Three key input areas for sustainable living wages
The realities of today’s global garment industry normally keep workers’ wages low. And they limit the impact of various measures for wage increases. The imbalance in power, and the way it’s hard to hold any one player accountable in garment production make it harder to raise wages. And part of this is because brands don’t always step up. In many cases, even if the legal minimum wage goes up in a garment production country, brands still insist on paying the same price, or somehow even less, for their products.
Our research and experience have shown that three key input areas are vital when
it comes to making a sustainable
living wage a reality:
Accountability systems to ensure fair costing and traceability
There is no
way around it: wage improvements cost money. Regardless of whether we need to
cover the added costs associated with minimum wage increase; or wage hikes
resulting from collective bargaining; or simply the payment of living wages in
a brand’s supply chain, wage increases generally require additional funding.
In keeping with the UN Principles on Business and Human Rights and the OECD Guidelines, we believe that brands must ensure that the prices they pay can cover living wages. Consequently, much of our work focuses on calculating a brand’s share of production costs. This is also why we call for bottom-up pricing, which uses the total costs of living wages as the basis for price negotiations between committed brands and factories.
Social dialogue (Collective bargaining)
It is not enough simply to add money to the system to raise wages. Workers need to be directly involved, because they have the best idea of their own needs and living costs. They are also best placed to ensure that wage levels keep pace with inflation or other changes in living costs over the years. This is why social dialogue, usually in the form of collective bargaining agreements (CBAs), is especially important.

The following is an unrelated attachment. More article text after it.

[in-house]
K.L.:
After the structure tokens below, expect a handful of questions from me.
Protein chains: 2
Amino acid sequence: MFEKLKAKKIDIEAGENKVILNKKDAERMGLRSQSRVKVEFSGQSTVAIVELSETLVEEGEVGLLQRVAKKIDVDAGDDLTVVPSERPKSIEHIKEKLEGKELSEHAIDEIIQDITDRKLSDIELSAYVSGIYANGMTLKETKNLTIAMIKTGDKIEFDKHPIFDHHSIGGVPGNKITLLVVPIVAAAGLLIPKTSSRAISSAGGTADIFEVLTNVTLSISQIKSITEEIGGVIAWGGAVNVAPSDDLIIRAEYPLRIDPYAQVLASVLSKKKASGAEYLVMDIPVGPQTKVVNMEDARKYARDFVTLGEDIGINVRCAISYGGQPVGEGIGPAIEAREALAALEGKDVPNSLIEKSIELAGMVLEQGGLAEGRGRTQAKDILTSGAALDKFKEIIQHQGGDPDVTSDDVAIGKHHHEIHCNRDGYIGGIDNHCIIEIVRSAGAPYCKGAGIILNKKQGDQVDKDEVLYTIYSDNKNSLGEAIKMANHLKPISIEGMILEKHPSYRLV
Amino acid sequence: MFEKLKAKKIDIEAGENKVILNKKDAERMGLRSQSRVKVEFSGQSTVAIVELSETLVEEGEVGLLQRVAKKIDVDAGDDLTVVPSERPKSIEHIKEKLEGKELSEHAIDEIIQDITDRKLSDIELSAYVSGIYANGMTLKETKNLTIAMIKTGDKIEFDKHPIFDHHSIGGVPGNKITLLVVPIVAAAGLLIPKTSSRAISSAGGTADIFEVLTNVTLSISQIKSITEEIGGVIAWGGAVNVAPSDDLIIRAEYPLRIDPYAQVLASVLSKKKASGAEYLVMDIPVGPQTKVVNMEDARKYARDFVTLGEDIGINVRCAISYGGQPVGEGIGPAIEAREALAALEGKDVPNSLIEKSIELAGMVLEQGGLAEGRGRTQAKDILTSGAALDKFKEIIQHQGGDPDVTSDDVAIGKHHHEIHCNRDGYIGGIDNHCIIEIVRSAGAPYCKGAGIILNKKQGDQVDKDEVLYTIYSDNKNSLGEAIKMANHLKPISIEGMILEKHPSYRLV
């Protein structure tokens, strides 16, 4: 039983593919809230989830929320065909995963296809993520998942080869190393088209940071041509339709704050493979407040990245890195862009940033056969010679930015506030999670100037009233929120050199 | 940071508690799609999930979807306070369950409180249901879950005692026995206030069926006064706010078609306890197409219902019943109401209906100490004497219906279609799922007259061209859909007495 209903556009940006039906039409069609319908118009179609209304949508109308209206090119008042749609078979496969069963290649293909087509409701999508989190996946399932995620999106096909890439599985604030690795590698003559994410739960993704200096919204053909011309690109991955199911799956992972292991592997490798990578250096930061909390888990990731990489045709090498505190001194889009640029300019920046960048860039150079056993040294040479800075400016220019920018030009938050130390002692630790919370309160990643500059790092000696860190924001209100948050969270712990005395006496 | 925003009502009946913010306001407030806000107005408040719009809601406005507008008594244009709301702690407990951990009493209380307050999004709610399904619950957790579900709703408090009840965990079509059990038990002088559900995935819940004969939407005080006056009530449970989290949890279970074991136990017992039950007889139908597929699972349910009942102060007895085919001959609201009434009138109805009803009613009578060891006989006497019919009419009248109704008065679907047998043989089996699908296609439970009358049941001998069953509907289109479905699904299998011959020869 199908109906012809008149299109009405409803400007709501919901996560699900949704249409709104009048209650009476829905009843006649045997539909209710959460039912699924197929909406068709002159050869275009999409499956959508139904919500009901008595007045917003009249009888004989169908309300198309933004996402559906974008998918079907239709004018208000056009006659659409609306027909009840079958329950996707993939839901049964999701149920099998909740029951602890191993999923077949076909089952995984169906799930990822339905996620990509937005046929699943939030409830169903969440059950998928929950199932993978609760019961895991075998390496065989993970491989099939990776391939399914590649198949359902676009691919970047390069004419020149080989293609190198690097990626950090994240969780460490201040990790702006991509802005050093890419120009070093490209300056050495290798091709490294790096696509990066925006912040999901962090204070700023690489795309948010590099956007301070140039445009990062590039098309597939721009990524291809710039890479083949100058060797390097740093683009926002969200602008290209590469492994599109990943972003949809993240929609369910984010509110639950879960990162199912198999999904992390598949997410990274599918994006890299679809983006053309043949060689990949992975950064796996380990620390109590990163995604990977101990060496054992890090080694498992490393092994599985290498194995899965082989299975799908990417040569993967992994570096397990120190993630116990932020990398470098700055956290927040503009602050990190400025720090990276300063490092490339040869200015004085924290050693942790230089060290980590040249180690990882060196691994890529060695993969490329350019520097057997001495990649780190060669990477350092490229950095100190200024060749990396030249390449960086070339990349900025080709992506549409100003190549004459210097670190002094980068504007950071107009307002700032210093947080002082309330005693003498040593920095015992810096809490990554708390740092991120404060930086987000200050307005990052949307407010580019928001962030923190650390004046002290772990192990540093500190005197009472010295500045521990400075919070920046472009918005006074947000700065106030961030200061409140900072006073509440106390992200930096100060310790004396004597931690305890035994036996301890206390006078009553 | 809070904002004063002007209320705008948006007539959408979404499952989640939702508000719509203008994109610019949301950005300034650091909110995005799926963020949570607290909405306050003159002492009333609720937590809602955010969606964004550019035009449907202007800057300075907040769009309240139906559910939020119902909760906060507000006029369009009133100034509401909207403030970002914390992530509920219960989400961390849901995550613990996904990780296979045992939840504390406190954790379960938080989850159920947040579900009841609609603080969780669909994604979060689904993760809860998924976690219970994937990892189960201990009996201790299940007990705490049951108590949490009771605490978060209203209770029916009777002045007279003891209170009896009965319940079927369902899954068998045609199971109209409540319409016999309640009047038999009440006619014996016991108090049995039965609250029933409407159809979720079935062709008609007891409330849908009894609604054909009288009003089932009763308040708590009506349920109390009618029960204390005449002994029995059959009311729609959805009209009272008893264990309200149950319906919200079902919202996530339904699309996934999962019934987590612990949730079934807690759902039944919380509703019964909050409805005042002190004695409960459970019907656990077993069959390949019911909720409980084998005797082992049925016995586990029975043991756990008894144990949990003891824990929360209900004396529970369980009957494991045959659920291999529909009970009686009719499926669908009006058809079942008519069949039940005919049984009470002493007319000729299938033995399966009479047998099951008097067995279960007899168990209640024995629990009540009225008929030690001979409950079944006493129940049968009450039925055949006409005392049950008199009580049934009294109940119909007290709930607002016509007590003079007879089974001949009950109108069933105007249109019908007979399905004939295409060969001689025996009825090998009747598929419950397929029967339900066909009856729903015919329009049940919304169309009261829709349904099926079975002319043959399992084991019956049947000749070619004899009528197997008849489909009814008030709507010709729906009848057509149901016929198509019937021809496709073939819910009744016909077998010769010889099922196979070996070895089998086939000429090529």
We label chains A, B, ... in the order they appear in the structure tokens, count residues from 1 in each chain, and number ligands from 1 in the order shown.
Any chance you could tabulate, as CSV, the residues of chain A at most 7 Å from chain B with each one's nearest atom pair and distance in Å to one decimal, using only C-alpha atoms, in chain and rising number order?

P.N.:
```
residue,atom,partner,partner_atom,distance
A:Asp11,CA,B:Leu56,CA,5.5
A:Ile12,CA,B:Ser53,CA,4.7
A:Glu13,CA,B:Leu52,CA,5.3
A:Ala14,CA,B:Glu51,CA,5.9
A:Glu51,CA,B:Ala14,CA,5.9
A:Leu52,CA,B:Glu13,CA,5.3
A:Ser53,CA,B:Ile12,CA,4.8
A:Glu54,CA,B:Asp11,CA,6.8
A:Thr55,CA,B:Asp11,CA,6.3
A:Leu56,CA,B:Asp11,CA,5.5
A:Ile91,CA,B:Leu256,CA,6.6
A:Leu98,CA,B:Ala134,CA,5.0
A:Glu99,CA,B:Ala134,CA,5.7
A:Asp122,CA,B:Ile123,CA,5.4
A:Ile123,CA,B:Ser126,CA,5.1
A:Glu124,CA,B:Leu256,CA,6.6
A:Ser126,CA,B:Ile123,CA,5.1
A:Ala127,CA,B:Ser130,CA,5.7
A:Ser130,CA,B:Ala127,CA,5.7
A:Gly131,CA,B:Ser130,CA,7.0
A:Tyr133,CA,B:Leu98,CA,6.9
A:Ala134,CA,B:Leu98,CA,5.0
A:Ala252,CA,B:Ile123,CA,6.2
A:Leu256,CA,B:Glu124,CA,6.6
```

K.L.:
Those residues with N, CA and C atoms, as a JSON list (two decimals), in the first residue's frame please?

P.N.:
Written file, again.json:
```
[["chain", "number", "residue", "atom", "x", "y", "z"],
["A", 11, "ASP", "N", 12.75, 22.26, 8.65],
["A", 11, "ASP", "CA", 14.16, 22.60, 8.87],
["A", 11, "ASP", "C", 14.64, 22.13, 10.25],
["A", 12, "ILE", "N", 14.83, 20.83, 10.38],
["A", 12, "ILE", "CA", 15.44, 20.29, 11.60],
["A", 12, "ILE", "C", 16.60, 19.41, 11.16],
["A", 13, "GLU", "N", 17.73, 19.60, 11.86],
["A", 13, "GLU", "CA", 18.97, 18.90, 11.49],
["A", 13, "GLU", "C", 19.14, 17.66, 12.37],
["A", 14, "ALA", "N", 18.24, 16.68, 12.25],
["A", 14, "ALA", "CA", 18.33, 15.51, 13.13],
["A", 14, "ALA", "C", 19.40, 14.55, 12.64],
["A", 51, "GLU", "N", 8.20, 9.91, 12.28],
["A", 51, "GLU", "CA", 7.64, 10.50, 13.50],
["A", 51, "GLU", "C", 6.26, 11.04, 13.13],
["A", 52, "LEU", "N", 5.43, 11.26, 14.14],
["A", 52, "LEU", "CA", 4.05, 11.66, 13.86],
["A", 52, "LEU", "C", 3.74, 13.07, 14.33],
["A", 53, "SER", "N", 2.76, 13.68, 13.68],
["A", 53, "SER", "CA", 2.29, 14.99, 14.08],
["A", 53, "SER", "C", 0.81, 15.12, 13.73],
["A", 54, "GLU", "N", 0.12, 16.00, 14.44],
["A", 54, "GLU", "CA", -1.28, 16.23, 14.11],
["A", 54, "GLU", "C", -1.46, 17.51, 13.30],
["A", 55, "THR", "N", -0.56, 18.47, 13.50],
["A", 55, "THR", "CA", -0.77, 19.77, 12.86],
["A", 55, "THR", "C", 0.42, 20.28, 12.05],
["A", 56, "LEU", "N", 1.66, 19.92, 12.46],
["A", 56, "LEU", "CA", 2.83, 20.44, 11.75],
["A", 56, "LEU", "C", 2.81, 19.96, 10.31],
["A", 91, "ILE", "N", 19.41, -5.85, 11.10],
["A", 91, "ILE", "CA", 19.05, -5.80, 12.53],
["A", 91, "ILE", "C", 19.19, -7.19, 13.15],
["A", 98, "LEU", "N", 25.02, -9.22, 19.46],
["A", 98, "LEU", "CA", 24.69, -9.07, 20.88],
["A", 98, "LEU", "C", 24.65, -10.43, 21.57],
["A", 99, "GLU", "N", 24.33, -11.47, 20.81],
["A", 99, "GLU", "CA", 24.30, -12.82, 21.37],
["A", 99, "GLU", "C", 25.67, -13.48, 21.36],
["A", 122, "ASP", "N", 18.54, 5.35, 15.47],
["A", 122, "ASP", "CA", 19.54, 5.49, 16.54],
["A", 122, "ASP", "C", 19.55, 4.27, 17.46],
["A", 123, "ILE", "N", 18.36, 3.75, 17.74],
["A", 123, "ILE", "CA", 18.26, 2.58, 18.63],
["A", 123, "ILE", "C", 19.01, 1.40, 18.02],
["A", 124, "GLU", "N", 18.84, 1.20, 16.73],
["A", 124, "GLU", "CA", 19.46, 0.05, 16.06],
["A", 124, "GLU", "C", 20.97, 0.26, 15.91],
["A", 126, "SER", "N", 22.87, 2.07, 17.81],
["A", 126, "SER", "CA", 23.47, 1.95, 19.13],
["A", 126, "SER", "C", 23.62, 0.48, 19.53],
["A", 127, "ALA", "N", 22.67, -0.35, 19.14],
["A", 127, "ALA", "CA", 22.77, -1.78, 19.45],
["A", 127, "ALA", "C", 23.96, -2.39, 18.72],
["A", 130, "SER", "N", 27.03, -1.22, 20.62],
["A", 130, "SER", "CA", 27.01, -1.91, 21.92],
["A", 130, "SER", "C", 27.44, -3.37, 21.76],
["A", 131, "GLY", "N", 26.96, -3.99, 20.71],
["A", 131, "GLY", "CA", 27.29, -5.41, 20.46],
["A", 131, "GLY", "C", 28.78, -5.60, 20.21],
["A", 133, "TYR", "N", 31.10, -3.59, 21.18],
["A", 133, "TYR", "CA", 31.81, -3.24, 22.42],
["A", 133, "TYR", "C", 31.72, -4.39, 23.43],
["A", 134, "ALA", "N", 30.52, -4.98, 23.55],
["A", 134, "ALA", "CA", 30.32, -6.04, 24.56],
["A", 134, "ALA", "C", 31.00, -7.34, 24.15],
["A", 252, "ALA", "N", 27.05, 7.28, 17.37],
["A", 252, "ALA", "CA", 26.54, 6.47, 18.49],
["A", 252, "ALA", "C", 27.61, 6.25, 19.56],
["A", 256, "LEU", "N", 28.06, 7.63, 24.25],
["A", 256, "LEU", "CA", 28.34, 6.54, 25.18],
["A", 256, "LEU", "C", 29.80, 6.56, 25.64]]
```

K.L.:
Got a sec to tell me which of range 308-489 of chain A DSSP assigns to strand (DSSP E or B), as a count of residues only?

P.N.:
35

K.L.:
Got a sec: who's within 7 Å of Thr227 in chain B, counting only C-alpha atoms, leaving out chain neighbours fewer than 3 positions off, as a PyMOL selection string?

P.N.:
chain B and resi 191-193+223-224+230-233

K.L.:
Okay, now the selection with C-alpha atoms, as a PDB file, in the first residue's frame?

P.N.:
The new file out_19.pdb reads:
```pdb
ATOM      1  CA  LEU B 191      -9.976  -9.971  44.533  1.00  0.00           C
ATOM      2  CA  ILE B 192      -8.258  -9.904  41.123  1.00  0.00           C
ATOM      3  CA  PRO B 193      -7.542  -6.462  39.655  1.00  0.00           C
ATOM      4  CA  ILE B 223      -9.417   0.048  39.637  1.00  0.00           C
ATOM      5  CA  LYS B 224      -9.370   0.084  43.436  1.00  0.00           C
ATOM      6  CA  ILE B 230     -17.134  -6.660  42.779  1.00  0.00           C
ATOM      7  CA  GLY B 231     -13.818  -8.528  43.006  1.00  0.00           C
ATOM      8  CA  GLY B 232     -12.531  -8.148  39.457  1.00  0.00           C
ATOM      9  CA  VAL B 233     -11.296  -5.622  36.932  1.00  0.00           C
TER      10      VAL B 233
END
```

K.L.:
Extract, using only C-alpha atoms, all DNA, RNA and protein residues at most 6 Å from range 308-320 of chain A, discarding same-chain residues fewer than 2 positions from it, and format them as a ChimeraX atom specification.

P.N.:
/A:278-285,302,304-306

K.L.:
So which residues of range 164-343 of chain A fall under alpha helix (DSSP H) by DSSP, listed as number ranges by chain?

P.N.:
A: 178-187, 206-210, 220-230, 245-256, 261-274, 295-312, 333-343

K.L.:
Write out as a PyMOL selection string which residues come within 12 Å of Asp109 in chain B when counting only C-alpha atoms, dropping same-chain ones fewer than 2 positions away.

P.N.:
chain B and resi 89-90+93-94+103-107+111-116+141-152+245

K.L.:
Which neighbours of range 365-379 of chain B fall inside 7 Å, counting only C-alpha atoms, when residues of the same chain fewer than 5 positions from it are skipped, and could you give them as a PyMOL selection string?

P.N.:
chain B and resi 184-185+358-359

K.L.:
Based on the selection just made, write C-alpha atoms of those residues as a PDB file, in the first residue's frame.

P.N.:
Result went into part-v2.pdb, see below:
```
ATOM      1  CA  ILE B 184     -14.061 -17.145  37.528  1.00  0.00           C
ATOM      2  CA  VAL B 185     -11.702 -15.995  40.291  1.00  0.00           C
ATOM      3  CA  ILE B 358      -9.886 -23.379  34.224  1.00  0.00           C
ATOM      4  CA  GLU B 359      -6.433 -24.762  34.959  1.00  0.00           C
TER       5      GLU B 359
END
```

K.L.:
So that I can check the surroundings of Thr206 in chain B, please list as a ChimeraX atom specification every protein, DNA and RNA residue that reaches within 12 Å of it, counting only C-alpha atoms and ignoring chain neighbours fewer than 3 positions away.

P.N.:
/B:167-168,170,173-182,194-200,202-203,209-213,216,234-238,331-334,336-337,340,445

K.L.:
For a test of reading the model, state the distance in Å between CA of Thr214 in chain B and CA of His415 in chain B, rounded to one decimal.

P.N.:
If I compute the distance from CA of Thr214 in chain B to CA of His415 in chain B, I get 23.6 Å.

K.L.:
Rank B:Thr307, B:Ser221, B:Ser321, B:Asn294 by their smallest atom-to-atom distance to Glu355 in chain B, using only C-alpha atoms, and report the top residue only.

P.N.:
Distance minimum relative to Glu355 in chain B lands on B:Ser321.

negotiated by trade unions and employers (and possibly other stakeholders) offer
the most sustainable approach of setting living wage floors and keeping them up
to date. Workers and their representatives are best placed to monitor and
verify wage payments.
members shouldn’t interfere directly with worker organising, however. For
example, it is a violation of workers’ rights for a brand to require workers to
join a union.
Nevertheless, brands can play an important role in ensuring workers who want to organise or join a union are not discriminated against or penalised. They can also support training for management and workers to communicate effectively together.
If we want to
make living wages a reality across the industry (affecting thousands of brands with
production spread across the world), we need a strong system to hold brands
accountable. Change will only happen if brands based in different countries,
with different ways of doing business, are all paying their share, and if the
money is actually reaching the workers.
Only when all
three of these factors are in place, will sustainable living wages be possible.
Together, they create a simple framework that can guide our work to raise